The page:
In this narrative, representatives of the Chinese companies in Katanga portray themselves as victims for a corrupt system that they have to operate in but have no impact over. Even though it is difficult to control for the accuracy of these episodes, the accounts are numerous and detailed and there is reason to believe that the Chinese entrepreneurs as newcomers in Katanga are at the bottom of the area’s pecking order and therefore may be more vulnerable to bullying by rent-seeking local officials than other, more established companies.
However, the Chinese narrative is contested by local Congolese officials and civil society organisations. We will return to the latter’s arguments further below. In direct contradiction with the Chinese account of the situation, Congolese provincial elites argue that many of the Chinese companies create a great deal of problems in the area by not abiding to local laws and regulations. Early 2009, Katanga’s governor Moïse Katumbi claimed that a large number of the Chinese entrepreneurs in the province had deserted their processing plants in an organised move as copper prices fell at the end of 2008. He stated that the Chinese would not be welcome back after the crisis as long as he is the governor, arguing that ‘Katanga is not a jungle’. He was also quoted as saying that ‘[t]hose who left like bandits, who didn’t pay their taxes to the state, who didn’t pay anything, they don’t have their place in my province anymore’, although the companies that left everything in order would be welcome to return.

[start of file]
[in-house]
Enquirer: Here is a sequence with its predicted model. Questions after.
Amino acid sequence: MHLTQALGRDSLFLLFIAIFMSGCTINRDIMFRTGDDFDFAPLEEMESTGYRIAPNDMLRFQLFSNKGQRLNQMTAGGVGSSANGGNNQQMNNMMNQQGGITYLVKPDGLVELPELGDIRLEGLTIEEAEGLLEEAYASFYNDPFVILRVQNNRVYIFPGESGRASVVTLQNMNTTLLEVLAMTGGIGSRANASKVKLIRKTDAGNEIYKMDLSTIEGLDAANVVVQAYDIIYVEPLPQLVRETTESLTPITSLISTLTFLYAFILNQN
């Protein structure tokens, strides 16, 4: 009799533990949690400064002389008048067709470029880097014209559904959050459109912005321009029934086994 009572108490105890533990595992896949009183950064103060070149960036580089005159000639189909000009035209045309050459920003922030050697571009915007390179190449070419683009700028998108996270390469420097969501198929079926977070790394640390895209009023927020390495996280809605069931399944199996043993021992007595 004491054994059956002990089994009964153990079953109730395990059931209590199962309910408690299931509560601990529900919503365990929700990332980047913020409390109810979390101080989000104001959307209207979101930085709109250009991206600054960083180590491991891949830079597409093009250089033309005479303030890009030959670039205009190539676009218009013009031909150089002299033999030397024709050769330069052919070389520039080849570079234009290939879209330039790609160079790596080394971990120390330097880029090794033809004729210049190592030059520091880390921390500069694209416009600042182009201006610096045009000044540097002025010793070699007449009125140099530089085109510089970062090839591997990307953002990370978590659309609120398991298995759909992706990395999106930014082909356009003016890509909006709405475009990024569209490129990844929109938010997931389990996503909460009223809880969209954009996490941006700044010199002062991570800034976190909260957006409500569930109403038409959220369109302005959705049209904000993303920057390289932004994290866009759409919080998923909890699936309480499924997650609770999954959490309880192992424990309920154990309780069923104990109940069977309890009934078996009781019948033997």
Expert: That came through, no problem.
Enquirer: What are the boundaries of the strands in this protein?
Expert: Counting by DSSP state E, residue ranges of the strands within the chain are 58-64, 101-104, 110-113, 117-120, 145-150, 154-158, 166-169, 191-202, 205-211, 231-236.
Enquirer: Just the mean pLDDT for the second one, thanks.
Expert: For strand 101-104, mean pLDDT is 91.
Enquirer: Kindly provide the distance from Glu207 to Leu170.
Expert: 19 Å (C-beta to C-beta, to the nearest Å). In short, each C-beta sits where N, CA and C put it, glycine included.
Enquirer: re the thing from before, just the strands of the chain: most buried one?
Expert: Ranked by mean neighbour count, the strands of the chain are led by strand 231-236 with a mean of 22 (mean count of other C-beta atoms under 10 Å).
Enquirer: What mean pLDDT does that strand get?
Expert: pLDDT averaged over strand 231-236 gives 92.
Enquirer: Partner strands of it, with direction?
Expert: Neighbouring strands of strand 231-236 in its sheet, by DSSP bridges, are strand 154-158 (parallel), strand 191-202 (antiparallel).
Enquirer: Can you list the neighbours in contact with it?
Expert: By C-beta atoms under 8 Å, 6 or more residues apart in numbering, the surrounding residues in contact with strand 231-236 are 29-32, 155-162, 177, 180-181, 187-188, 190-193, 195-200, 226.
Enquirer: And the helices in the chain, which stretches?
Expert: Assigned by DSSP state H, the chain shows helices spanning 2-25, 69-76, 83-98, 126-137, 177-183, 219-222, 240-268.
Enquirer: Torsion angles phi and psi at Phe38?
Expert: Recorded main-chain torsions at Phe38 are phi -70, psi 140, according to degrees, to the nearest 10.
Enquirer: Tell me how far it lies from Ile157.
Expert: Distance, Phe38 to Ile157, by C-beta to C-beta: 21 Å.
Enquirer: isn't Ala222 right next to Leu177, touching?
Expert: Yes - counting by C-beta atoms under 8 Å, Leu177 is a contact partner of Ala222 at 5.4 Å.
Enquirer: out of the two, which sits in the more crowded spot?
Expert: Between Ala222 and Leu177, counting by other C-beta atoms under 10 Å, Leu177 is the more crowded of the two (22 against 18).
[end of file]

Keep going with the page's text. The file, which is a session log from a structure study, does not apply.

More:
In response, representatives of the community of Chinese entrepreneurs in Lubumbashi claimed in interviews that these allegations were not justified since this practice had only been confirmed in one out of the 30 companies that had closed down their operations. According to the respondents, representatives for the remainder of Chinese operations were still present in Lubumbashi awaiting better market conditions, although most of the owners had left for China, leaving the factories in the hands of Chinese managers and local Congolese employees. Since these counterclaims have not been investigated by further structured research, we do not yet know the full reality behind this controversy.
At any rate, the narratives of both the Chinese companies and the Katangese government are contested. The NGO Rights & Accountability in Development (RAID) carried out field research in 2008 and 2009 investigating the impact of Chinese operations in Katanga and concluded that the ‘Chinese companies are both the beneficiaries and victims of this system’. On the one hand, the Chinese companies in Katanga provide rare employment opportunities for local Congolese workers in the impoverished province, the value of which has been acknowledged also by Katanga’s governor Katumbi. Further, as noted above, representatives for the Chinese companies have expressed their despair at the harassment directed against them by corrupt local government officials. On the other hand, discontent has been expressed by Congolese workers and civil society representatives over Chinese company representatives’ habit to pay bribes to corrupt local officials ‘get out of situations’, since this is seen to exacerbate the local problem of corruption. RAID notes that ‘Congolese workers spoke about complicity between the Congolese authorities and Chinese companies, and denounced the widespread practice among Chinese managers of bribing labour inspection agents, security services and members of the judiciary as a means of settling labour disputes to their own advantage’. The Chinese companies are thus perceived by the local Congolese population to be in collusion with corrupt local elites, reinforcing the weak rule of law and hampering socio-economic development in the area.